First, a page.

845E - Not New, But Good
The 845E is based on the Brookdale core - the very same one that launched the SDRAM platform for the Pentium 4 almost a year ago. That fall, Intel officially approved DDR support for this chipset, even though the Brookdale had already supported the faster memory from its inception. The 845G is traveling along similar lines right now. While the chipset possesses the technology to work with DDR333 memory, Intel is taking its time in validating it, prompting many motherboard manufacturers to offer the feature as an overclocking option.
The only difference between the 845E and the original 845 is in their specifications, which now permit a quad-pumped 133 MHz FSB (ends up as 533 MHz). Intel has also combined the 845E with a new Southbridge, the ICH4 (i82801DB), which supports USB 2.0, but not UltraATA/133, since Intel had never advocated that standard in the first place. Instead, they just left it at ATA/100, assuming that ATA's advent at the end of the year would suffice. After all, everyone will be switching to the new standard as quickly as possible.
Another essential change has been made on the AGP front - the chipset only permits the use of AGP-4x graphics boards with a 1.5 V voltage supply. Just about every manual makes mention of this fact; however, only Jetway sees fit to put a sticker on the motherboard warning users that violating this guideline may damage their hardware.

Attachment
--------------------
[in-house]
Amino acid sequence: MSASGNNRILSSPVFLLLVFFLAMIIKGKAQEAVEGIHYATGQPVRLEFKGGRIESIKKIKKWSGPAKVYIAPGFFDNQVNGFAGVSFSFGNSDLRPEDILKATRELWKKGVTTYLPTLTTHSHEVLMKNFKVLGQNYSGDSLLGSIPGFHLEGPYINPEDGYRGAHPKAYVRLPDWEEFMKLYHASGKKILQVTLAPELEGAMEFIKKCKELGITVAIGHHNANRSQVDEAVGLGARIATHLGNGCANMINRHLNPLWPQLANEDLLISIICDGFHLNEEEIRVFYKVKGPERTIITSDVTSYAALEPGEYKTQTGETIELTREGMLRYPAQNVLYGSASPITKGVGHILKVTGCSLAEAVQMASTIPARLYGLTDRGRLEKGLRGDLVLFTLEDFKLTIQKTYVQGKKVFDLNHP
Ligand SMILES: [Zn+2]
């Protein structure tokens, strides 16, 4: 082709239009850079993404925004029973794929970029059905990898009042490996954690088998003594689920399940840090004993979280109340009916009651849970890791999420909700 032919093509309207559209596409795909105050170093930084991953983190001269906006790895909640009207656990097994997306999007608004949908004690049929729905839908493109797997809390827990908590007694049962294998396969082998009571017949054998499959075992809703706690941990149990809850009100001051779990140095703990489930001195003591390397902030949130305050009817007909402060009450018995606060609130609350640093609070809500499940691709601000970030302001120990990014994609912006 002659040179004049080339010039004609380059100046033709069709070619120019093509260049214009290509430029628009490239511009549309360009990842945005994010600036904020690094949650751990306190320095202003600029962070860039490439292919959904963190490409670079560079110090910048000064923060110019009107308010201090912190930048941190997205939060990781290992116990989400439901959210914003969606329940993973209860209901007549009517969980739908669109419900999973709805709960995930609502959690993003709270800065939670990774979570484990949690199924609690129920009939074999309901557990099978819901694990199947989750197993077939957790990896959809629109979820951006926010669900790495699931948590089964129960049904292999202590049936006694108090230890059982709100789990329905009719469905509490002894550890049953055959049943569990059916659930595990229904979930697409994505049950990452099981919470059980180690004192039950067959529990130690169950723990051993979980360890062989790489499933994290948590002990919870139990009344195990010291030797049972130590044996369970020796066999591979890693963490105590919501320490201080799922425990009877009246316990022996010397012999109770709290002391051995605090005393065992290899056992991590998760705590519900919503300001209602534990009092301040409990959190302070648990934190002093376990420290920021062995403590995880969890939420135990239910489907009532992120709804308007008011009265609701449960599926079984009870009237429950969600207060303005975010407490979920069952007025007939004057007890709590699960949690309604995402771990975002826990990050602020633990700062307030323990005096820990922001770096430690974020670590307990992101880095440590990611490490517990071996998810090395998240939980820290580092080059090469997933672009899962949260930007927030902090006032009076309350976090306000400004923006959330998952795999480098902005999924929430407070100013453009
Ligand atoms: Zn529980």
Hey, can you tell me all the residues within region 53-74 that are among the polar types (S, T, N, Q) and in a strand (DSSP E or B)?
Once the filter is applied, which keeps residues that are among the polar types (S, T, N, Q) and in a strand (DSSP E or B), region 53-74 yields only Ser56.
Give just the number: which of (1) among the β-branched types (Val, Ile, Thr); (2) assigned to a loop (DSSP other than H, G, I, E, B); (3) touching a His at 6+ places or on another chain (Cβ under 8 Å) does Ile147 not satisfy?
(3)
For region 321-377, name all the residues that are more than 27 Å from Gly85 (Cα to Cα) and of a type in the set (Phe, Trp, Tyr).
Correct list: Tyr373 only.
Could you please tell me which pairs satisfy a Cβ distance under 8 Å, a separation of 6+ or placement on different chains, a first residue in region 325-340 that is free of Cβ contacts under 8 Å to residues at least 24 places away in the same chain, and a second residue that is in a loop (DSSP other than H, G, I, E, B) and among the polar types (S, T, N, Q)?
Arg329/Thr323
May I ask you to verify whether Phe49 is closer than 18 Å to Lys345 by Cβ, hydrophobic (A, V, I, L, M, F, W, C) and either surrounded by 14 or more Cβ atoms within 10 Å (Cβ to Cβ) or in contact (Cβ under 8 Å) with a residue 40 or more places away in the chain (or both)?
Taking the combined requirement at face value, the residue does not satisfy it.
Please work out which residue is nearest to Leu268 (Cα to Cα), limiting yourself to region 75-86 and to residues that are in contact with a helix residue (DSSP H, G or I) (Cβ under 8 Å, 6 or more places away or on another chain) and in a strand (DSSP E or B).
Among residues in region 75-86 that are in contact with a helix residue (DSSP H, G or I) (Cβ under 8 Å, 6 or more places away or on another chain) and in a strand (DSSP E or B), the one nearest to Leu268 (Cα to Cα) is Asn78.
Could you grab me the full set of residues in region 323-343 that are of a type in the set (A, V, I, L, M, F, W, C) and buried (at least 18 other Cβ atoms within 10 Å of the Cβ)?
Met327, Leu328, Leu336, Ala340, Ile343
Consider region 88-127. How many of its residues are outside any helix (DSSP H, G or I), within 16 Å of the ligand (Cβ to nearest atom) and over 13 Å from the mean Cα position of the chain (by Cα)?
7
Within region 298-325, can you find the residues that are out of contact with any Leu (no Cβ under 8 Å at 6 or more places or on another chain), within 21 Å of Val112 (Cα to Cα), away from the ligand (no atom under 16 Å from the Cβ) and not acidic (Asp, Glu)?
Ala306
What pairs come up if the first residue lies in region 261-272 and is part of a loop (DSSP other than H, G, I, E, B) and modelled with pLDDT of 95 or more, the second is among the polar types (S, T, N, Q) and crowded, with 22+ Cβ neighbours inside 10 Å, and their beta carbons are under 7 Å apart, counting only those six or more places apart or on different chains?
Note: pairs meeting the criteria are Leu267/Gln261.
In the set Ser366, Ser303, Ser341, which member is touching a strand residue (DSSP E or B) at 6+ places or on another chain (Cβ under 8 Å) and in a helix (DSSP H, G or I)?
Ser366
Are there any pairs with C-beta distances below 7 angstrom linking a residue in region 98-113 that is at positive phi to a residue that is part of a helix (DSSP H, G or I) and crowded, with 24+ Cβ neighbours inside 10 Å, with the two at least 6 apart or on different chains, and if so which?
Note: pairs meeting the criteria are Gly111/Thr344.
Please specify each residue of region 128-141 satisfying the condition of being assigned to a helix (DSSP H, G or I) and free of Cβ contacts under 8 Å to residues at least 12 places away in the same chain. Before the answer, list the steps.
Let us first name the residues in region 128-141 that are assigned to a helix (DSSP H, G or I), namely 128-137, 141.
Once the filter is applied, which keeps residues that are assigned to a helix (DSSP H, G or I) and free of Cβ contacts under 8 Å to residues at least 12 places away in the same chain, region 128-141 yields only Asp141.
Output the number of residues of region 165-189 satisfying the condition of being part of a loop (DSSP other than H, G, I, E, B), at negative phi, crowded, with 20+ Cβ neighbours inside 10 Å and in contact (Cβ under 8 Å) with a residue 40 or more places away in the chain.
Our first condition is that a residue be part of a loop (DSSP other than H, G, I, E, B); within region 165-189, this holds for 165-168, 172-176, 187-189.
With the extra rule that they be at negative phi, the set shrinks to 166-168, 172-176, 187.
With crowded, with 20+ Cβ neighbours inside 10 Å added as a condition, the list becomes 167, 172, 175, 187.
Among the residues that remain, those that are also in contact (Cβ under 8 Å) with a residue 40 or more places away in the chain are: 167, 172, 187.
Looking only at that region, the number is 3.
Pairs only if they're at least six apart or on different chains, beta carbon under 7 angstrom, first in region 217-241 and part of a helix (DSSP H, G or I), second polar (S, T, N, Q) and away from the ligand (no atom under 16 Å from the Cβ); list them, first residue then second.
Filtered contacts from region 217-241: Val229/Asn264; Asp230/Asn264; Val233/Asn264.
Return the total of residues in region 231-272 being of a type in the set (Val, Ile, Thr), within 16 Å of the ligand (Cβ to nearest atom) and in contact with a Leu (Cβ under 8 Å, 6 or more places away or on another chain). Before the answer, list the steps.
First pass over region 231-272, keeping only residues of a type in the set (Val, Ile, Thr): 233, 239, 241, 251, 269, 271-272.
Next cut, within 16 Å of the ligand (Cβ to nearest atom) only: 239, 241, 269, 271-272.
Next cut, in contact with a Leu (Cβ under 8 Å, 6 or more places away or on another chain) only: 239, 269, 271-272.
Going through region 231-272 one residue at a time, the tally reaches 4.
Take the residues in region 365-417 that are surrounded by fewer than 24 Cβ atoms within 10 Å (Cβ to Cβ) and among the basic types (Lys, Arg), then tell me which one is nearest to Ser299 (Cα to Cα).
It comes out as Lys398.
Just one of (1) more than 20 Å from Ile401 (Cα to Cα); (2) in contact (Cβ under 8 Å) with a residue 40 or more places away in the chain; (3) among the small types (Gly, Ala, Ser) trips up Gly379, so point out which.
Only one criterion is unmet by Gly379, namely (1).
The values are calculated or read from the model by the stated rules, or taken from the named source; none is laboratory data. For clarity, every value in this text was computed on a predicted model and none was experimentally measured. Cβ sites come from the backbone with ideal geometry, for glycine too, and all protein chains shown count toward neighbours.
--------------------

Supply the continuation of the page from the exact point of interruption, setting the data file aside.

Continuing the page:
Ready, Set... Go! Boot Time
Until recently, very few tests considered the time a system needs to boot completely, i.e., the time that passes between the pressing of the power button and the appearance of the Windows desktop. With few exceptions, the current crop of motherboards have stepped up their pace from a few months ago. Nonetheless, components such as RAID, SCSI or network controllers stretch out this time considerably since they have to initialize and search for devices and connections. Disabling all the on-board components levels the playing field for all the motherboards. We discovered that installing the Intel Application Accelerator makes a noticeable difference, lopping ten seconds off the boot time for our test boards with Windows 2000, and four seconds for those with Windows XP.
Most of the systems in this round-up took about 30 seconds to boot Windows XP (with 256 MB RAM and an IBM DeskStar 60 GXP as well as the latest drivers). Activating the RAID, sound and network controllers added about 5-8 seconds to this. The only boards that were clearly faster were the Intel and the Abit, which needed 25 and 26 seconds, respectively.